Rayman Raving Rabbids 2 Review for the Nintendo DS (NDS)

Rayman Raving Rabbids 2 Review for the Nintendo DS (NDS)

This is no Mario Party…

Rabbits are pretty cute, right? I mean, they’re all fuzzy and quiet and small and…y’know, cute. But Ubisoft’s Wii launch title, called Rayman Raving Rabbids, forever changed many peoples’ views on the rodents. Rather than being cute little pets, could they perhaps be crazed, evil beasts concerned only with world domination? Well, the second outing with the Raving Rabbids on the DS attempts to let you find out.

Rayman Raving Rabbids 2 screenshot

The plot, if it can really be called such, is simple and laid out before the game even begins. The story is told with sparse dialogue and fun, colorful pictures. Essentially, the Rabbids have left their home-planet and have set their sights on an even greater prize: Planet Earth. Now, it’s up to Rayman not to save the world, but rather to get photographs of the invaders.

What’s weird about the story is that it really has no bearing on the actual game. In fact, Rayman never really comes into the picture at all. Instead, you take control of some unnamed entity (most of the time) or a Rabbid itself (occasionally) as you play through the myriad of mini-games that the title offers. But the whole photography premise of the game never comes into play, except for the fact that there’s a little “film meter”; the meter fills up as you score points in mini-games, and you’ve got to fill up the meters to unlock more games.

See, the entire game is divided up into areas of the world; different continents are marked with plungers (supposedly the universal motif of the Rabbids themselves). Each marked area is apparently one area occupied by the Rabbids; so it’s up to Rayman to travel there and snap some pics that will, uh, somehow…save the world? I’ll get back to you on that one.

Rayman Raving Rabbids 2 screenshot

Each area is divided up into a number of different mini-games, and this is where Raving Rabbids 2 really starts to get the ball rolling. Each area has six or more games, all of which must be cleared to proceed. For each game, there’s a meter; the more you fill up the meter, the more points you get (by the way, you’ve got to get the maximum number of points on every mini-game to actually fill up the film meter and unlock newer areas. But how do you fill up the meter?, you might ask. Well, that’s when the actual mini-games come in.

The only real reason that these mini-games are any fun is because they’re awfully creative. Sure, they take some mechanics from a few popular games (a very Elite Beat Agents -esque game pops up early on…), but for the most part, they’re clever and original. The variety is huge, the games are unpredictable, and (at first) they’re quite fun.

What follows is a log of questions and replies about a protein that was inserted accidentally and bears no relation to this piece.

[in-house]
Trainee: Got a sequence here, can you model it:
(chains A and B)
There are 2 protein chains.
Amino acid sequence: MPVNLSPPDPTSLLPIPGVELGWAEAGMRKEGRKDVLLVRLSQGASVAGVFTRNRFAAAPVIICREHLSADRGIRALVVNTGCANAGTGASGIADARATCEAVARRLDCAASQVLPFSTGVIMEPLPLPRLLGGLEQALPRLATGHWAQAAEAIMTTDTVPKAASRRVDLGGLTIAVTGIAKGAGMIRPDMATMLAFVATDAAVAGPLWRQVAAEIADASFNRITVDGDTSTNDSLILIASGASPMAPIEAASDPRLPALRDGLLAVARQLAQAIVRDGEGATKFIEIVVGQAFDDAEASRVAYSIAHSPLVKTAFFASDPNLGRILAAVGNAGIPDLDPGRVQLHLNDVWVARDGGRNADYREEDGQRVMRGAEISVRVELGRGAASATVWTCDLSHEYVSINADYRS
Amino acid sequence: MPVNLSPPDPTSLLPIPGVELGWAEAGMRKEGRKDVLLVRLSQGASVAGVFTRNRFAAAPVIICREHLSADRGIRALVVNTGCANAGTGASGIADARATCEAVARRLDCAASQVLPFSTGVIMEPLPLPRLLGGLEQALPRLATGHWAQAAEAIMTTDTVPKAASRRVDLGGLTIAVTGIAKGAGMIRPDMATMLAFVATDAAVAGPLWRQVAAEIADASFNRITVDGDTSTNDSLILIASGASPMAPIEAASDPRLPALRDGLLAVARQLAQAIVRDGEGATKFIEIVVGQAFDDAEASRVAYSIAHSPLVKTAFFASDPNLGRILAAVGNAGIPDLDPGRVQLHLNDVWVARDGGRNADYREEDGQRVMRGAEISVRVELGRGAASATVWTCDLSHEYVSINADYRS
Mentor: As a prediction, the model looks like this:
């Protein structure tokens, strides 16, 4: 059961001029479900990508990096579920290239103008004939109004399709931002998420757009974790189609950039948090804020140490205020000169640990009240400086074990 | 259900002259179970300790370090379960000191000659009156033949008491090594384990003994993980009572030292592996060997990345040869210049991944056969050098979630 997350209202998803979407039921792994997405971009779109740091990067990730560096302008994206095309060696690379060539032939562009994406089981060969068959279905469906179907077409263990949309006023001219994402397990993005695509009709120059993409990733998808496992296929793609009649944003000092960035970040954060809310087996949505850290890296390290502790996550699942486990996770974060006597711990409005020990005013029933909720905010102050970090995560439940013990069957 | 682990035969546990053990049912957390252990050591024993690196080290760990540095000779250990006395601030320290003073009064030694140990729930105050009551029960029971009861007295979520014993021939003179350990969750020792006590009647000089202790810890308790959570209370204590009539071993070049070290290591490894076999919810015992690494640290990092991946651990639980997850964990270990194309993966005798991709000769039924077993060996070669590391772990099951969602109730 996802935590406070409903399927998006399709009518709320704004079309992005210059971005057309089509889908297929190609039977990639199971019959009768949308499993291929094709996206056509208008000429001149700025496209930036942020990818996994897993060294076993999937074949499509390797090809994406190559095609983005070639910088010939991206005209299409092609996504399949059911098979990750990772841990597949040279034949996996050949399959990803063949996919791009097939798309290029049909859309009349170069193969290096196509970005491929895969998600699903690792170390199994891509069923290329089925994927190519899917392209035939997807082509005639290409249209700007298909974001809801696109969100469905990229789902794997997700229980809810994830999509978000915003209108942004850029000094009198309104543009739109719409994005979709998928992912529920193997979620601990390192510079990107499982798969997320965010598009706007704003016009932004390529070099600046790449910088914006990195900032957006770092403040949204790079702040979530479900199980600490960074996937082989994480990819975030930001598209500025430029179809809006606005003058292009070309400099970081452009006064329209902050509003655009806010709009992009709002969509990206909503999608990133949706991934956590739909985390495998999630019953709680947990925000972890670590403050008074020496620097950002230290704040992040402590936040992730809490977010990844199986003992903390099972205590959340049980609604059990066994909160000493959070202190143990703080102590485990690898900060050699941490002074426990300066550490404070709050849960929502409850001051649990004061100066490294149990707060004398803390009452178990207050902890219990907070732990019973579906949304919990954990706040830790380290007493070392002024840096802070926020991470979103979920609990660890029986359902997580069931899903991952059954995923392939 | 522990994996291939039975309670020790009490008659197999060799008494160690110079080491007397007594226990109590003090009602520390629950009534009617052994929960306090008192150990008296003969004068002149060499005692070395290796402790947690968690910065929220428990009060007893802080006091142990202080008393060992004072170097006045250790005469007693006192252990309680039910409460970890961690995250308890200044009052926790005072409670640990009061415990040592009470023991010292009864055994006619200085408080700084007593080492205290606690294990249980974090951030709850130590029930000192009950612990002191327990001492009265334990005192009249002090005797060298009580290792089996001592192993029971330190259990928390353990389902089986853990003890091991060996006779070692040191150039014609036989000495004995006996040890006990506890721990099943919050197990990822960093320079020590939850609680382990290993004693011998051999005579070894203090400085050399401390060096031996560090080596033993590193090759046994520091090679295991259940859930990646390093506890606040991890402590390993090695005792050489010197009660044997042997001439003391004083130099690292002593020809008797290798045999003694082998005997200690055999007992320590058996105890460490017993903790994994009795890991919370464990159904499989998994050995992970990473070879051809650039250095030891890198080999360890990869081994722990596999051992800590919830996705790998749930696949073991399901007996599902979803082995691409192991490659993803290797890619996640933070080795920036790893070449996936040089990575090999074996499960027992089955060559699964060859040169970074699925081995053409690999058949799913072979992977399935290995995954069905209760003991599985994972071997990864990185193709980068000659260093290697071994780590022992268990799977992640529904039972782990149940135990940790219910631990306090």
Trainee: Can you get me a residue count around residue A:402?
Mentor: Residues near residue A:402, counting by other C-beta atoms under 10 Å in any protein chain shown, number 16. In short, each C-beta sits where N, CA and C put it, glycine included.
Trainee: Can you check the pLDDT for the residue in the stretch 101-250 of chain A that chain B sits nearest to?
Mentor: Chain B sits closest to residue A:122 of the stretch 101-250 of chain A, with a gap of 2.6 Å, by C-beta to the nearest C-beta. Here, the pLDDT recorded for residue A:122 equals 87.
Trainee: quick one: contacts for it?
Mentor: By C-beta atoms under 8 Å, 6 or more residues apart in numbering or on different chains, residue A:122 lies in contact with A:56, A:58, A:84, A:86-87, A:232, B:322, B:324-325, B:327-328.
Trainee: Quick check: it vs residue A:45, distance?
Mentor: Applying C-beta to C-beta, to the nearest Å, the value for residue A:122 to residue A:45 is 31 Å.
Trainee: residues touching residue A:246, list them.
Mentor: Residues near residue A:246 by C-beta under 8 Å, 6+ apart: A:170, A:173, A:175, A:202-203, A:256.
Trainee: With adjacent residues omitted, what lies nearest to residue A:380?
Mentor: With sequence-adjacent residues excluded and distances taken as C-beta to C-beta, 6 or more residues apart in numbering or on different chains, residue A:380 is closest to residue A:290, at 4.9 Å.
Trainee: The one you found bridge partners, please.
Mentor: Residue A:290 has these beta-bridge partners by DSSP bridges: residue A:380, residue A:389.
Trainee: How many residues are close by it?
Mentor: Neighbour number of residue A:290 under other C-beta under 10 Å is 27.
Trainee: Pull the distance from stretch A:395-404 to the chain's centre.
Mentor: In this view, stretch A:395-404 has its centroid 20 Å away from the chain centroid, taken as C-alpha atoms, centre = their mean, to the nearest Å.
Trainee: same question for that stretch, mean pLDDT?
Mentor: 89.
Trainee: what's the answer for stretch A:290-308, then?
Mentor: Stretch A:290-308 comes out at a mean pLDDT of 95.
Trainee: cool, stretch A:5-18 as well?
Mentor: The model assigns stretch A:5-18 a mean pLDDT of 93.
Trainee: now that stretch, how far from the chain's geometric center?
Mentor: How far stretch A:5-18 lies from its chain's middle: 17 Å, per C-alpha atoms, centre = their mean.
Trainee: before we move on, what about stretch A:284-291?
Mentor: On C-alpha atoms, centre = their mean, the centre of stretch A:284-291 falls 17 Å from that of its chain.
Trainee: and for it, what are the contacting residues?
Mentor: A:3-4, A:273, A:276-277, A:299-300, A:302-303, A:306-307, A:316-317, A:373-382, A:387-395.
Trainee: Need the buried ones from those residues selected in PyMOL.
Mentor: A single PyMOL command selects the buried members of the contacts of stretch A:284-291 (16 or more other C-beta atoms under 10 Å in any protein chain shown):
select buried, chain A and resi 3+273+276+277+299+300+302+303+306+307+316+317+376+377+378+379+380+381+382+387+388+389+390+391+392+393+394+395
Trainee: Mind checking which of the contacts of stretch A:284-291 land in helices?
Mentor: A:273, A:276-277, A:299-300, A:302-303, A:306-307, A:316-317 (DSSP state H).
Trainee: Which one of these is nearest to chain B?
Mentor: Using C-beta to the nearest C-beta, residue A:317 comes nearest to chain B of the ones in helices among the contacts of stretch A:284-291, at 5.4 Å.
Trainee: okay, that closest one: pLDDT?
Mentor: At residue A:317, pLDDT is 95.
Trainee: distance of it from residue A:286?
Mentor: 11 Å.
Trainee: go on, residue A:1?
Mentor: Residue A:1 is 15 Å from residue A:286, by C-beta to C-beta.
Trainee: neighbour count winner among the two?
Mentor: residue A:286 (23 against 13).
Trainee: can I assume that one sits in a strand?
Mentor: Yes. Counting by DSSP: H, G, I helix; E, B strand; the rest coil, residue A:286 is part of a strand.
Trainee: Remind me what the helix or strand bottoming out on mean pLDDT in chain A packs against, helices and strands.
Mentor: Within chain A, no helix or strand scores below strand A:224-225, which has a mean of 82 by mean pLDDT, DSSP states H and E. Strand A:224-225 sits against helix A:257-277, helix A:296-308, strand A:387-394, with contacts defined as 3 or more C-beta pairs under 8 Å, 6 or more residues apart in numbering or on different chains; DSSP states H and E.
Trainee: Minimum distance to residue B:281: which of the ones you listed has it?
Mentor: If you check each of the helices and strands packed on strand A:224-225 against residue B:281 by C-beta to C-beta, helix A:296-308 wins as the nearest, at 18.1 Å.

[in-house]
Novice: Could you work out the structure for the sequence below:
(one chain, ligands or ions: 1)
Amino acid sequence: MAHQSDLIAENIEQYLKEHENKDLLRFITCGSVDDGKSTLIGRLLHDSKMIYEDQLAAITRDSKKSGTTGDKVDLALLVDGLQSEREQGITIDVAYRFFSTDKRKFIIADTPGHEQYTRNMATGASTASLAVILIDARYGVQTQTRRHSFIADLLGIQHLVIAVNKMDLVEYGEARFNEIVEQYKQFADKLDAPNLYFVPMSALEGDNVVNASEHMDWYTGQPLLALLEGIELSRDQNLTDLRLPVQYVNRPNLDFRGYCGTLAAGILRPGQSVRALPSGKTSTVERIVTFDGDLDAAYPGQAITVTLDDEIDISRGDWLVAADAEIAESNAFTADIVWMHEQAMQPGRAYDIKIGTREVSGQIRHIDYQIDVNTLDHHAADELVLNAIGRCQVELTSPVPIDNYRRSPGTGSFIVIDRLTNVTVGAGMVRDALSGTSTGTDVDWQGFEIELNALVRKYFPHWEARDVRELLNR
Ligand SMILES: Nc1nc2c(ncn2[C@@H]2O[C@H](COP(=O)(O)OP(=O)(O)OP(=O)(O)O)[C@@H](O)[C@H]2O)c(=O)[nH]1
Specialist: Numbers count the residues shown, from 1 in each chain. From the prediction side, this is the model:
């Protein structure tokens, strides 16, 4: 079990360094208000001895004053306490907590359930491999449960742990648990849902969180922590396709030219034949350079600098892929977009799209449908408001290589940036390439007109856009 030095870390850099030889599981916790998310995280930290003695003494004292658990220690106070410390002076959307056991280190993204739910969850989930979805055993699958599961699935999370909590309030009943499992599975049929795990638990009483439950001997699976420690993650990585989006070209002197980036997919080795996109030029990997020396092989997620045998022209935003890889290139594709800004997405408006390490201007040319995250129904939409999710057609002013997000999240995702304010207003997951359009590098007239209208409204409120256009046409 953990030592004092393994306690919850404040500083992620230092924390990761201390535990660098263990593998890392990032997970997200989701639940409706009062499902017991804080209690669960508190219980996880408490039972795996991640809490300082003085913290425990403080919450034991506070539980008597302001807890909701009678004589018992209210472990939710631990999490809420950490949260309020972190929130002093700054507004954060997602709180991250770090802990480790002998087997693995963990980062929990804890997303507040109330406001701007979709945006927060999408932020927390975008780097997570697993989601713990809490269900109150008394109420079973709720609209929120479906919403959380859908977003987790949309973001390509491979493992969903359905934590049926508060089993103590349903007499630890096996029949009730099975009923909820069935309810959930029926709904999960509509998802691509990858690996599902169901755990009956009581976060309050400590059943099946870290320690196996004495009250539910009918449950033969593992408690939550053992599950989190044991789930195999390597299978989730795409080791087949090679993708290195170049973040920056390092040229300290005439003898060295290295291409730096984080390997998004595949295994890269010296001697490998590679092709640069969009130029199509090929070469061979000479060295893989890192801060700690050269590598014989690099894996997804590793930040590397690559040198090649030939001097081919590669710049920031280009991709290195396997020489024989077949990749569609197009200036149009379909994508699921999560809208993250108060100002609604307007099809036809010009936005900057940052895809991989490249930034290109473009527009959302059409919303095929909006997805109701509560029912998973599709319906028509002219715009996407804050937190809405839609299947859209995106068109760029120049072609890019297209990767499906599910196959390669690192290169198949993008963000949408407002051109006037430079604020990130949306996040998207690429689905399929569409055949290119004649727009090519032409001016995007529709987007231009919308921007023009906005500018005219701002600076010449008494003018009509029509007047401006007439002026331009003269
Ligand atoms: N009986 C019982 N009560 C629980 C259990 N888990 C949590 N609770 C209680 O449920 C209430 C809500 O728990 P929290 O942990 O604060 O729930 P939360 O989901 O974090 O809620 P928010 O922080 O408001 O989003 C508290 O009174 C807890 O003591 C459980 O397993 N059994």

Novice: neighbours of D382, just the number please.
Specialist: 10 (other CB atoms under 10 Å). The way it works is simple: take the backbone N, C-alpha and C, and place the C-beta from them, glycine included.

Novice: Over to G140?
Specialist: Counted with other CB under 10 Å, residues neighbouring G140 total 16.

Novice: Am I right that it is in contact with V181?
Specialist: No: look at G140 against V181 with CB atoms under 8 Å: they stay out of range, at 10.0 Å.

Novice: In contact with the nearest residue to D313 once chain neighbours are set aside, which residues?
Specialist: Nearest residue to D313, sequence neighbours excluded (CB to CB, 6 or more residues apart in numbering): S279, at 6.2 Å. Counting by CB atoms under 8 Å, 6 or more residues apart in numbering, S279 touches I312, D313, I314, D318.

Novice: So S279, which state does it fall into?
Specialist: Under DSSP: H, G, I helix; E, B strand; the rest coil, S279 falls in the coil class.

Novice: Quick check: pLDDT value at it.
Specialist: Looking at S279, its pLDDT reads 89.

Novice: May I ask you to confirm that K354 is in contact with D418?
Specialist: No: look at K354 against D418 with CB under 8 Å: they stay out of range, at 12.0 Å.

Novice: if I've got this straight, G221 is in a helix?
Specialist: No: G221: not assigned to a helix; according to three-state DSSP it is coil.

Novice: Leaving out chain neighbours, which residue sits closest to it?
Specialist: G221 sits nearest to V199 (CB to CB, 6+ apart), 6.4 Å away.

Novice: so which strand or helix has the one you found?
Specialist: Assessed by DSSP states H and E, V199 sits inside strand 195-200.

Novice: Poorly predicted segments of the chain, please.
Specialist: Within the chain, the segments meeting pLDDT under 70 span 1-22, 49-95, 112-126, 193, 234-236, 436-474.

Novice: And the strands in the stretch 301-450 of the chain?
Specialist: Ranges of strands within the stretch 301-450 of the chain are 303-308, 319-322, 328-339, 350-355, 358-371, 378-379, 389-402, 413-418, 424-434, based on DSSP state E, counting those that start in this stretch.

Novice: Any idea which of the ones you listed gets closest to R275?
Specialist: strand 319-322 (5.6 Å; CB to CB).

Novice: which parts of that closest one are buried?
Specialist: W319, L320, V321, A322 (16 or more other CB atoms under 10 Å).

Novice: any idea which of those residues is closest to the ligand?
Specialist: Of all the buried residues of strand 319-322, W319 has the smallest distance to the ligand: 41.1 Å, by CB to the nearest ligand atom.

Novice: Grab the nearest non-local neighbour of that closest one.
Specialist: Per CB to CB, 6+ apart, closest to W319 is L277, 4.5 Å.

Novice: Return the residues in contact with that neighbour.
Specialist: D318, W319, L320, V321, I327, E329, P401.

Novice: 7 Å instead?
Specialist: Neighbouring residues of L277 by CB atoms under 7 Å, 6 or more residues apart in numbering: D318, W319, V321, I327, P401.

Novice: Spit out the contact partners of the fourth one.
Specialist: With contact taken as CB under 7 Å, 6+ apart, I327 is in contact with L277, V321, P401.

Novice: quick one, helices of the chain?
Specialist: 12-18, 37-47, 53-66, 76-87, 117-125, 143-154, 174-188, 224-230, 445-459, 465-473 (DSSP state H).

Rayman Raving Rabbids 2 screenshot

For example, the first level has you doing a variety of things. You may take control of a mechanical cow (what’s with it with the Rabbids and cows?) and attempt to throw off the Rabbid rider who’s on top. The more you rub the bottom screen, the more the cow jerks around up top, and the more the meter fills up. Another game has you coloring in a sequence of pictures on the bottom — and on the top, a Rabbid with a can of spray paint emulates you coloring as graffiti on a wall.

While they are all simple and relatively quick, the fact remains that they get pretty old pretty quickly. They pretty much all involve tapping or sliding the touch screen to complete objectives (although a few do take advantage of the microphone). Sure, they’re fun and crazy at first, but the more you play, the more you’ll realize that you’re really just progressing through a group of recycled, boring touch screen mechanics.

Rayman Raving Rabbids 2 screenshot

There is, however, one brand of mini-game that is better than all the rest — although it too will become monotonous all too quickly. Each boss level, if you will (although it’s actually just the last game of each area), is a rhythm based game. The premise: a bunch of crazy Rabbids in a hilarious make believe band (for example: one lunatic is “playing a guitar,” which is in fact a broom). There are a number of speakers on the bottom, and as circles fly over the speakers, you’ve got to tap them. It’s a lot like the popular DS rhythm game Elite Beat Agents, in fact.